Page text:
Glacier Point Overlook
One of the reasons we didn’t want to waste time and energy hiking from the parking lot, was in order to take the “detour” drive to Glacier Point. It’s an hour from Wawona to the overlook, and another hour to the valley floor — and our hotel. Driving to Glacier Point on the way into the valley, saved two additional hours on the road, backtracking on another day.
From the Glacier Point parking area, a short paved, wheelchair-accessible trail takes you to an exhilarating overlook.
Travel Tip: Resist the urge to park along the road where you’ll see many others. Some may be there to access trailheads along the way. We saw cars lining the road three to four miles down mountain, before the parking lot! Yes, parking frequently fills up at the overlook. But, there is regular turnover, and you can circle around and wait for a space to open.
There wasn’t a cloud in the sky when we visited in September, 2021. Breathtaking isn’t it? Have you see the view in person?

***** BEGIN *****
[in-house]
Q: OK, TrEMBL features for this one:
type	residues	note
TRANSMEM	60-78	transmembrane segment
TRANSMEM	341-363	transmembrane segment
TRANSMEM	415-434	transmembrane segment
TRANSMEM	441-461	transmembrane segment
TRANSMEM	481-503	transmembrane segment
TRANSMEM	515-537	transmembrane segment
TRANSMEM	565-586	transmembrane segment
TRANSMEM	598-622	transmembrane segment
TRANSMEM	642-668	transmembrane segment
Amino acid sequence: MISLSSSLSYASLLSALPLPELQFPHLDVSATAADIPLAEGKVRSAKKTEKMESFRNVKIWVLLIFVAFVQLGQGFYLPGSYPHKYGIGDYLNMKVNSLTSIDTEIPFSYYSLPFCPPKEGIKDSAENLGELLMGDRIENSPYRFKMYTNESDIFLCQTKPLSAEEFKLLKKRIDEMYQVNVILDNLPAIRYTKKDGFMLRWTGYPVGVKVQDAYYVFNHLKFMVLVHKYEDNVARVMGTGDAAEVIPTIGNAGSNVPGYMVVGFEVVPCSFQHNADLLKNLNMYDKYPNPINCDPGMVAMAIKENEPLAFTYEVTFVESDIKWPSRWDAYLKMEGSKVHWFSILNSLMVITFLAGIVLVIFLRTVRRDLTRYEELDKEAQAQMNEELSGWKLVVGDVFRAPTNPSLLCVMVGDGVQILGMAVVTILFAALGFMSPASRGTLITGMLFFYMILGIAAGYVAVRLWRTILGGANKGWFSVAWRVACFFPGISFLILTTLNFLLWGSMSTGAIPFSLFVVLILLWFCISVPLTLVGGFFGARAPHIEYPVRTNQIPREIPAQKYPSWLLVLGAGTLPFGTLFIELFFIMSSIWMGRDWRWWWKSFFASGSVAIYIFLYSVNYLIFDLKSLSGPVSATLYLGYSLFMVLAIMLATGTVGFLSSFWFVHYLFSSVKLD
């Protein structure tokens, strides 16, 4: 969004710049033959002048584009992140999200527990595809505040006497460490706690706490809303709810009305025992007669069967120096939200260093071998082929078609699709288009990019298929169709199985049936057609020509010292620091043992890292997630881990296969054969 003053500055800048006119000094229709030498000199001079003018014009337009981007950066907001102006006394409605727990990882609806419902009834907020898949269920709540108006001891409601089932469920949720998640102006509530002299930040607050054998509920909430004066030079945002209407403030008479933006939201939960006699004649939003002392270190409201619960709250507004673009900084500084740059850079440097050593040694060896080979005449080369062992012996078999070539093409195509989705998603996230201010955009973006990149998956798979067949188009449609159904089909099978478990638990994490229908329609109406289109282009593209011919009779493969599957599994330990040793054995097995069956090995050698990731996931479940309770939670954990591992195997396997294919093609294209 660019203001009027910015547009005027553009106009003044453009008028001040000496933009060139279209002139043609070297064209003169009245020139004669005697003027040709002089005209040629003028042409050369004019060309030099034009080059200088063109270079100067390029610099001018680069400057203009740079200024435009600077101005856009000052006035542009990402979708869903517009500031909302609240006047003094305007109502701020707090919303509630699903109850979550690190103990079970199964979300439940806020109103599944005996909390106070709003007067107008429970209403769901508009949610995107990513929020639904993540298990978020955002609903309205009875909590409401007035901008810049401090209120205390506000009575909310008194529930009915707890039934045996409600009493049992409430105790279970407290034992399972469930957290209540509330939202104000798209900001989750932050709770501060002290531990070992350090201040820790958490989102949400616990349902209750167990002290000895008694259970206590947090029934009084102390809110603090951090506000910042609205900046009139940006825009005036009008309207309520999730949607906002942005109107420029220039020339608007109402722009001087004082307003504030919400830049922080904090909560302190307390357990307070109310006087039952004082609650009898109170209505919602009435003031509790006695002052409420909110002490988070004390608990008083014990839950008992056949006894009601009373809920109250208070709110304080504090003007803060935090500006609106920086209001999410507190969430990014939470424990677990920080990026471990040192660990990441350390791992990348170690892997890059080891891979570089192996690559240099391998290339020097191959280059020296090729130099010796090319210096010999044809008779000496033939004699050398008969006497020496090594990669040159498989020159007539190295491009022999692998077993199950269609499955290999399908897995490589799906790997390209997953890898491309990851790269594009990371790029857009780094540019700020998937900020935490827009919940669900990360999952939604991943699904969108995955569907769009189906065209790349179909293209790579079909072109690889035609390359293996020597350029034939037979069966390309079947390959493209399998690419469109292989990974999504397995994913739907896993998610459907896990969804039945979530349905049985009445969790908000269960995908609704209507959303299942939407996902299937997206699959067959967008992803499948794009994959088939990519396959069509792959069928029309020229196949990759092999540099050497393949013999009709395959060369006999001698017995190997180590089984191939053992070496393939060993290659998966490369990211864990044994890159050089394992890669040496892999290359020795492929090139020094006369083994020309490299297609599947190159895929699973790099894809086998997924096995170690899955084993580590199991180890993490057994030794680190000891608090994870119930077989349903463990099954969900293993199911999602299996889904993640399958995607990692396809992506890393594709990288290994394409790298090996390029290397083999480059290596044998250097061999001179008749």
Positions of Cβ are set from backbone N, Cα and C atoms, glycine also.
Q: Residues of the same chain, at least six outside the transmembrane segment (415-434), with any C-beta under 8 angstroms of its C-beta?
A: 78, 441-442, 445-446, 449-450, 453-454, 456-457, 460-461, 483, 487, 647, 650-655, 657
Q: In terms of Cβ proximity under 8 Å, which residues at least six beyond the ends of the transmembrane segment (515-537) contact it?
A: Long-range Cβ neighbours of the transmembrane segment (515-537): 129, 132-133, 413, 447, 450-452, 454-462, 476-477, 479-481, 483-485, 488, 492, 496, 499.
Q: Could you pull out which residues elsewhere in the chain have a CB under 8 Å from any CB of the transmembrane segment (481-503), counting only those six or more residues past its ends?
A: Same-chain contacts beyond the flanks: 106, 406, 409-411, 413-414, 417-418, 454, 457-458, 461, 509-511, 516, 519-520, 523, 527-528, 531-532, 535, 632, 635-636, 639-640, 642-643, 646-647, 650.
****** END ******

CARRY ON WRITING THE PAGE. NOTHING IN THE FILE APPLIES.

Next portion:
Spectacular Anytime of Year
Glacier Point is an overlook with a commanding view of Yosemite Valley, Half Dome, and the park’s high country. It’s normally accessible by car from about late May through October or November. When we visited with our sons previously, it was in the early summer. So, there was still a good volume of water flowing on upper and lower Yosemite Falls, as well Nevada and Vernal Falls. All were easy to see with the naked eye from the overlook.
Unfortunately, the entire area is currently under long-term drought conditions. So by mid -September, the water flow was minimal. However, we were still able to make out the fall locations based on the dark black, wet water stains on the granite. Nevada and Vernal Falls are in the lower right corner of the picture above. Binoculars brought them clearly in view.
Half Dome is a granite dome at the eastern end of Yosemite Valley. It is a well-known rock formation in the park, named for its distinct shape. One side is a sheer face, while the other three are smooth and round, making it appear like a dome cut in half.
There are several stone terraces at the Glacier Point that wrap around the overlook. To the left of the Half Dome vista, visitors get another exhilarating view of the Yosemite Valley.